This graphic novel was adapted from a film version of Deborah Ellis’ novel The Breadwinner. The novel is actually part of a series much acclaimed in Canada, and based on this graphic novel version of the first volume, I can understand why. It is visually gorgeous, and the story, which is based on things Ellis learned while touring an Afghan refugee camp in Pakistan in 1997, is gripping. The Breadwinner is the story of an 11-year-old girl named Parvana who has to disguise herself as a boy in order to take care of her family in the wake of the Taliban’s seizure of power in Afghanistan.
The story opens in May, 2001, at a bazaar in Kabul, which is under Taliban rule. Parvana sits with her father, a teacher, as they try to sell the few items they have in order to feed the family: Mama, Baba, Parvana, her older teenaged sister Soraya, and her little brother Zaki. In addition to a few items, Parvana’s father has a skill to sell: he can read and write in Pashto and Dari for others. Parvana has also received an education, but under Taliban rule, those days are over. Members of the Taliban harass Parvana and her father, and later they come to their home and arrest Baba. This is deadly for the family. Women and girls are not to be seen or heard on the streets without a man and must be covered head to toe or risk being arrested themselves. The family now has no access to food or money, and they cannot visit Baba in jail or find a way to get him out. Parvana decides the only solution is to cut off her hair, dress as a boy, and continue her father’s work in the bazaar. While there one day, she encounters an old friend who is also disguising herself as a boy. Shauzia is trying to save up enough money to move away from her oppressive father; her goal is to live by the sea. Meanwhile, Mama has contacted relatives for help, hoping that they will arrange a marriage for Soraya and get the family out of Kabul. Parvana is determined to visit her father in prison and get him out using the money she has earned to bribe the guards. At the end of the novel, relatives have come to rescue the family, but Baba and Parvana are not there. The cousins will not wait because war is coming and roads will soon be blocked. Parvana has found her way to the prison and her father, but he is broken and possibly dying. What will happen to Parvana, Baba, the family and Shauzia?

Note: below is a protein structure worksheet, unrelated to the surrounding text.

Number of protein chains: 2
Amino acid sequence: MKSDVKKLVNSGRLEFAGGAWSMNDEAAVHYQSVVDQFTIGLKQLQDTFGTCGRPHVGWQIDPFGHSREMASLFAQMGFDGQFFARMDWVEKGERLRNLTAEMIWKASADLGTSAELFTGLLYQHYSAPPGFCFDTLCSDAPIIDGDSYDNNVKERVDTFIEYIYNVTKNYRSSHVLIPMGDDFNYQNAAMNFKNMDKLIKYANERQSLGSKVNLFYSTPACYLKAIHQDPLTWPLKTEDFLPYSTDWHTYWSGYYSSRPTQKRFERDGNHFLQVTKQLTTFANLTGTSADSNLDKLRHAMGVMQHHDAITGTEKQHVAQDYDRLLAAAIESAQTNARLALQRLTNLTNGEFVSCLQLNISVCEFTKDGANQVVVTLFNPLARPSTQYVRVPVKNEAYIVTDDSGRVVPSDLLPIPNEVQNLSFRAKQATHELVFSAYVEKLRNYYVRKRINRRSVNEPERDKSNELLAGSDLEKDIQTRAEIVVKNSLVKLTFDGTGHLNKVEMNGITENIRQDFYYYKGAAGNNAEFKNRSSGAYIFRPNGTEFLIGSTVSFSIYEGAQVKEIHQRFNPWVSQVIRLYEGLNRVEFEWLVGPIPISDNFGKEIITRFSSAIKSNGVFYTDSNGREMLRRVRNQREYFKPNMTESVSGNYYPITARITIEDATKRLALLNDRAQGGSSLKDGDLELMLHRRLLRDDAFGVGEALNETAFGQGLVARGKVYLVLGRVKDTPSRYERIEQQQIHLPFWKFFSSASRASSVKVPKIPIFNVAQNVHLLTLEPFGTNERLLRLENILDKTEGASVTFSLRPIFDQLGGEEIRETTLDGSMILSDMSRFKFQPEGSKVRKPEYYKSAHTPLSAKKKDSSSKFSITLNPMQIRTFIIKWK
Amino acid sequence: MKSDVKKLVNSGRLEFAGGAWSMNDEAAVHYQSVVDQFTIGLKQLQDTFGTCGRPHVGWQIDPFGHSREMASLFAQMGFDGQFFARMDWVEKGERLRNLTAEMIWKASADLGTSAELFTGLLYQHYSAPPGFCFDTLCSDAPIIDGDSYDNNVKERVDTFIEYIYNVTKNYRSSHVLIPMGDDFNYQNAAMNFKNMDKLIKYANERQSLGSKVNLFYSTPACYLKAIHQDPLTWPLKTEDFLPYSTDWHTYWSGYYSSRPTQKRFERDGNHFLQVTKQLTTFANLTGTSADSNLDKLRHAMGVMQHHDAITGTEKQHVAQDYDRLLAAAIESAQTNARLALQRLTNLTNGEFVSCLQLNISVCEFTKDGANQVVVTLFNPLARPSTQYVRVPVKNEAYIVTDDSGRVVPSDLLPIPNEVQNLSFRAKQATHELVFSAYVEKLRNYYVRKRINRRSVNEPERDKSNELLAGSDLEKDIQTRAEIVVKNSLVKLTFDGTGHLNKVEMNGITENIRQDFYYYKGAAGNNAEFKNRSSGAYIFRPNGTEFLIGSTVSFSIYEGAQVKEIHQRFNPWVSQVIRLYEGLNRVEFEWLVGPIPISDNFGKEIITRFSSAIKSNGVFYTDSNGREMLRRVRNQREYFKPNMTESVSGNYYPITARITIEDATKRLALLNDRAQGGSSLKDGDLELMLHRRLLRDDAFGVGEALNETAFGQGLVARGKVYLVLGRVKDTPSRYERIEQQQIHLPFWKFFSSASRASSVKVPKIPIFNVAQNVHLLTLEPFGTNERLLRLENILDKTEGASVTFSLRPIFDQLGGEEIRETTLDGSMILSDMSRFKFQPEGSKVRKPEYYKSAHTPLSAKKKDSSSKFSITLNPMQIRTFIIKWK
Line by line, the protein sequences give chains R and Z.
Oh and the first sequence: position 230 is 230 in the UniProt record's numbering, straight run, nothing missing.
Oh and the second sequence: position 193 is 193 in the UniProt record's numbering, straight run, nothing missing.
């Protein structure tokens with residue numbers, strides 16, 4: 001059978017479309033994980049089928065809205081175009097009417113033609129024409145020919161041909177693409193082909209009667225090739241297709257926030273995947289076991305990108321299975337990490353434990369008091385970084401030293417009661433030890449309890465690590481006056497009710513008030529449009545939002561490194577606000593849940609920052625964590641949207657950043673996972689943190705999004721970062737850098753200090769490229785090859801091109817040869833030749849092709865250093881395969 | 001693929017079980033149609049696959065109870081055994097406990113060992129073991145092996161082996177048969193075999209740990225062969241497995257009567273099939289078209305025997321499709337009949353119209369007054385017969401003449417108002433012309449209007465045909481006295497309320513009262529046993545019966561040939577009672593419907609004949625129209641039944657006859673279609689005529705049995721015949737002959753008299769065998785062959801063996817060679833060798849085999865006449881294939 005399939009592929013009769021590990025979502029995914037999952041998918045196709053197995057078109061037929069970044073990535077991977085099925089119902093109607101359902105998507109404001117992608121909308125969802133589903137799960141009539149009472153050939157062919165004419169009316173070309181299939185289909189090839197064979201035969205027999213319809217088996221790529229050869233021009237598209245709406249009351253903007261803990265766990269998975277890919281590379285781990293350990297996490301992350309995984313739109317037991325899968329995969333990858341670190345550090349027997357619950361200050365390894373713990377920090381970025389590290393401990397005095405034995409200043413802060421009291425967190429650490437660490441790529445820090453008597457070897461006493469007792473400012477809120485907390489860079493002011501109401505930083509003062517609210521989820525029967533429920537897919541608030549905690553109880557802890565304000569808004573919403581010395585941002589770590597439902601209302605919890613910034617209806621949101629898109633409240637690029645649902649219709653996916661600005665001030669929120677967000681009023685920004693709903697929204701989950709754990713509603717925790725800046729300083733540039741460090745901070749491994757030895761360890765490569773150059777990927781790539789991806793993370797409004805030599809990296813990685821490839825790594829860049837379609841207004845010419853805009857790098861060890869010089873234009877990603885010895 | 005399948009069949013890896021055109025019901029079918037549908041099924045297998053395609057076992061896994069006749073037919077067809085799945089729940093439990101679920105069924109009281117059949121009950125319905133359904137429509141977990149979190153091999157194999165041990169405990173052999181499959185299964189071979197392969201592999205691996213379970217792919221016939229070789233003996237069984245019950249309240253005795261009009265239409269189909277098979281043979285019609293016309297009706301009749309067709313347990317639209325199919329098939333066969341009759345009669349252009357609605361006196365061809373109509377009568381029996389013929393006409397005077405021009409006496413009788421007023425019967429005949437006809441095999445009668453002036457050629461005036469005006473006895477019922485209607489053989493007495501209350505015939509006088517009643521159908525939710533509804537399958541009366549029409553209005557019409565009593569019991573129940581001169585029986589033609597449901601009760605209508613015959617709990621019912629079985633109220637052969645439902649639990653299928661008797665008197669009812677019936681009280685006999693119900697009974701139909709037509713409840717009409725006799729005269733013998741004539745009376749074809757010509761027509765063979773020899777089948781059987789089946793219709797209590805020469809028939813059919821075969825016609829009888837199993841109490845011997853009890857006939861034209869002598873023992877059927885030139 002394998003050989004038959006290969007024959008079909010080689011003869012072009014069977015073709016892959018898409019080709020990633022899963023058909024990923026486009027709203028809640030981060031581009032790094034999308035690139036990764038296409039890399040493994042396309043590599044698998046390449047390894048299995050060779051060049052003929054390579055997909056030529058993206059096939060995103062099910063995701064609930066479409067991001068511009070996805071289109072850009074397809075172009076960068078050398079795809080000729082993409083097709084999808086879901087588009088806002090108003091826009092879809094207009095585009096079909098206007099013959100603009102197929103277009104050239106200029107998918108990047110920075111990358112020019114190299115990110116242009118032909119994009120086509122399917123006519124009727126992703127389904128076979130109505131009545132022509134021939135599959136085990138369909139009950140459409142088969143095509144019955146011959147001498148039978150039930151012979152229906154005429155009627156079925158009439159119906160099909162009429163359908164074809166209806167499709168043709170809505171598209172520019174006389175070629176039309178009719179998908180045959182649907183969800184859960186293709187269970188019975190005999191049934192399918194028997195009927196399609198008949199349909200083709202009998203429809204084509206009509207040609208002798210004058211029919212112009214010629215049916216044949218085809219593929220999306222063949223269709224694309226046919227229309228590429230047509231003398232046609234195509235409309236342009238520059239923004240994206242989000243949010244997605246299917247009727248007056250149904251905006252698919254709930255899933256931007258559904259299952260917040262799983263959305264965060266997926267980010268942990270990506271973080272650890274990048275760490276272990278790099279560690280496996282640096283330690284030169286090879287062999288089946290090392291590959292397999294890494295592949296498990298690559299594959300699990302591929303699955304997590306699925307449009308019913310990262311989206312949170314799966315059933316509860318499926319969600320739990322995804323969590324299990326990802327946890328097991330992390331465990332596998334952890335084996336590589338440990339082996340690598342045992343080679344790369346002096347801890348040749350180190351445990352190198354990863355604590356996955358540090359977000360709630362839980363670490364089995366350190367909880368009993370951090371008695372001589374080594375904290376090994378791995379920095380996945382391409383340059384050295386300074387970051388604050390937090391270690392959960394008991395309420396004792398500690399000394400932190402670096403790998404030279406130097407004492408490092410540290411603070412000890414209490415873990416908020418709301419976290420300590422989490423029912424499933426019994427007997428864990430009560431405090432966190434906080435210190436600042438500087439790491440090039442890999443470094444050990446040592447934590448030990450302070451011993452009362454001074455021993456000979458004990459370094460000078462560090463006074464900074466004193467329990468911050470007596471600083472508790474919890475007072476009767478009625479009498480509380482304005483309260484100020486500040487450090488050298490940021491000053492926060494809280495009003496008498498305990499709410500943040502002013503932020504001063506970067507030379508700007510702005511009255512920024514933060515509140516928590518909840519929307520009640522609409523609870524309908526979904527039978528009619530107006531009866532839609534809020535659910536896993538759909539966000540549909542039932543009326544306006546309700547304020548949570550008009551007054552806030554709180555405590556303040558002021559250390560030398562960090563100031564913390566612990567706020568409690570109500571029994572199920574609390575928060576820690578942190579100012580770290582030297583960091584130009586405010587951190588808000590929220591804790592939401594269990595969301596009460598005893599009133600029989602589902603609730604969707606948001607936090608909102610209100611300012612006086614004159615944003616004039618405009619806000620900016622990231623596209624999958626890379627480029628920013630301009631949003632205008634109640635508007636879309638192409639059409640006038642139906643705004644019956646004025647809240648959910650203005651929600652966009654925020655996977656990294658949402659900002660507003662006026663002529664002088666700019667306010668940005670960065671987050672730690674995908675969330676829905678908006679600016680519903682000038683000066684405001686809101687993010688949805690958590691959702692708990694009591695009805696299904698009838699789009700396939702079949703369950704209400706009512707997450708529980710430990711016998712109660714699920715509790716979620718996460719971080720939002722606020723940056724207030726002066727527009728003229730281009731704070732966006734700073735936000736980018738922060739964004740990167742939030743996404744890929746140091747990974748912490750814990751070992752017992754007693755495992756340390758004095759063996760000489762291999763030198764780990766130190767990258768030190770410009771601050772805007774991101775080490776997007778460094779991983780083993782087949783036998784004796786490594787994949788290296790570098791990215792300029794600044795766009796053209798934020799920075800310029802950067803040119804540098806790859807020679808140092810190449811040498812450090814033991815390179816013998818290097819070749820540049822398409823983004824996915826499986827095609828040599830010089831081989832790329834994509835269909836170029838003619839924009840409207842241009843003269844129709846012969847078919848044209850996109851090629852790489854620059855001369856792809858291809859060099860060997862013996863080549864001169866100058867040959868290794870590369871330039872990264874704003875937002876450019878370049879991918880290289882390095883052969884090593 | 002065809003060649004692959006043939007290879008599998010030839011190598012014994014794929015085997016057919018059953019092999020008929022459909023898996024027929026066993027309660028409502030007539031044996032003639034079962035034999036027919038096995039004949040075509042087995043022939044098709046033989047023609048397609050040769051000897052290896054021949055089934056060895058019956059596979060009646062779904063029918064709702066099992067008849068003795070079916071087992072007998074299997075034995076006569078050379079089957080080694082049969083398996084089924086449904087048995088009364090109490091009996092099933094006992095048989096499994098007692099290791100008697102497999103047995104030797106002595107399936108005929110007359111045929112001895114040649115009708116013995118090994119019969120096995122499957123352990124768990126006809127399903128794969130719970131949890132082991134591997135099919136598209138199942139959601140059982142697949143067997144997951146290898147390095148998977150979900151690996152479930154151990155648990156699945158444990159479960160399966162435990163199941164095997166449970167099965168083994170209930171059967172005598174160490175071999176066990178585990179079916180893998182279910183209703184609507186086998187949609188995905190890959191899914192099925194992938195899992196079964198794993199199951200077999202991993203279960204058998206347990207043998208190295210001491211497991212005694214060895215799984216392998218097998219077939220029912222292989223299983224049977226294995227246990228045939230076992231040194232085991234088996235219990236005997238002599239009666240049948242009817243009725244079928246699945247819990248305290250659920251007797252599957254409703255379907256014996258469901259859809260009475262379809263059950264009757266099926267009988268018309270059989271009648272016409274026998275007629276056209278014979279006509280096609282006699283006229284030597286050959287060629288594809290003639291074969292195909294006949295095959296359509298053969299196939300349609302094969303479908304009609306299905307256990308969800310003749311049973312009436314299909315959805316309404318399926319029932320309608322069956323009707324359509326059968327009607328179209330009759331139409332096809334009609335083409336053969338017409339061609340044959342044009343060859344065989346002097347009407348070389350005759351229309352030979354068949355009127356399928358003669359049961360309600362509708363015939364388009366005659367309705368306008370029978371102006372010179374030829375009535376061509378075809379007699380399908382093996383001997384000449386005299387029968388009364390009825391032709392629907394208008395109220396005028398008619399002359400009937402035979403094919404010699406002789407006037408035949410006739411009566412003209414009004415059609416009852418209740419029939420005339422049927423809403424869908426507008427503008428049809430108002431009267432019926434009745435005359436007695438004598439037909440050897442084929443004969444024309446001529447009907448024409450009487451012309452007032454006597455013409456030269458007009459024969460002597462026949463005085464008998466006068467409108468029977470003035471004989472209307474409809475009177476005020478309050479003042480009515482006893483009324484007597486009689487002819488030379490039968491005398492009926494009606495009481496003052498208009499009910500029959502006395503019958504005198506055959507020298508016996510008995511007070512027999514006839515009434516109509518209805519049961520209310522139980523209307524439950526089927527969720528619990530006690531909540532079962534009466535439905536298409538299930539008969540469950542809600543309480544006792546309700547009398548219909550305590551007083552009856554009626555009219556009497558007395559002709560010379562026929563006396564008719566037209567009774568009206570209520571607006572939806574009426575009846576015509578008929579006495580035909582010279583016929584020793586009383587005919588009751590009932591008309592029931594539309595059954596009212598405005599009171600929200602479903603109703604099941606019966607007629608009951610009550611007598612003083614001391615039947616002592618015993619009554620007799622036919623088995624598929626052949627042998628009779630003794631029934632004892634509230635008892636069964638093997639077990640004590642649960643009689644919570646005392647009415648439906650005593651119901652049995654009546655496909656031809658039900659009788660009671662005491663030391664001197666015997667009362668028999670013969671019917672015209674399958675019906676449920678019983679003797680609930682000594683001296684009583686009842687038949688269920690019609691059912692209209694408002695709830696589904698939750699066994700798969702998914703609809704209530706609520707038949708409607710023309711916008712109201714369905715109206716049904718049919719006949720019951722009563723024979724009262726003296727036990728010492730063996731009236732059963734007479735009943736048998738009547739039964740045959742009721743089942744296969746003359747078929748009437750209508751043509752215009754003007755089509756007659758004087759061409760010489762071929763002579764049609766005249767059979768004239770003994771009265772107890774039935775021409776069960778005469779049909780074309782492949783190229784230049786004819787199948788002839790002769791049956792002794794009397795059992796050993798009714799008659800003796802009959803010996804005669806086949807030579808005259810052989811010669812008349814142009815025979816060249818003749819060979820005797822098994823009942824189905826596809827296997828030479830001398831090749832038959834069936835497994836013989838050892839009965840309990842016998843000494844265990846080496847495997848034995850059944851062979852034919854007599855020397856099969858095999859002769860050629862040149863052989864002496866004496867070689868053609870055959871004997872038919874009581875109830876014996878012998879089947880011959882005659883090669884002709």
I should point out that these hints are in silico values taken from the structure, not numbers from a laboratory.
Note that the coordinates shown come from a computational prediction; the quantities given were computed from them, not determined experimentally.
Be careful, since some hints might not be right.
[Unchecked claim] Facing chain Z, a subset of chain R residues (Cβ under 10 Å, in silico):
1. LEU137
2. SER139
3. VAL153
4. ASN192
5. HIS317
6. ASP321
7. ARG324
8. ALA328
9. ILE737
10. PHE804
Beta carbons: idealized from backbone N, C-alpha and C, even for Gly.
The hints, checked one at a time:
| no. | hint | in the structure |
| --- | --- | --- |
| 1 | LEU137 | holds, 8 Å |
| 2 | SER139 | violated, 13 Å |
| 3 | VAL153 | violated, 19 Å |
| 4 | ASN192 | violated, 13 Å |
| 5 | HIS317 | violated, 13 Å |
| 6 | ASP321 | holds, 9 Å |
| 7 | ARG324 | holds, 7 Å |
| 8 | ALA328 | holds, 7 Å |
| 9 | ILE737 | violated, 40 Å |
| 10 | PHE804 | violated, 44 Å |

The visuals in this book are gorgeous. No illustrator is named and since director Nora Twomey is also listed on the cover, I am guessing that the illustrations are stills from the film version (released in 2017, executive-produced by Angelina Jolie, nominated for an Oscar). Much of the color scheme is drab earth tones like brown, tan and gray. As a result, when colors appear, such as when Parvana’s father tells stories of their history, these colors are vibrant and pop from the page.
I am so impressed with this novel and by what I’ve read about author Ellis, I plan to make a trip to the bookstore this week to purchase copies of the four novels in the series. [To my knowledge, graphic novel versions of the other volumes are not available.] I want to know the deeper backstory on Parvana and her family and to find out what happens to them and other children caught up in war. This graphic novel is definitely pitched toward kids in vocabulary, but be warned that it does show violence and trauma. I think kids can handle it and perhaps will be better informed citizens than we are if they learn about this part of the world from a young age.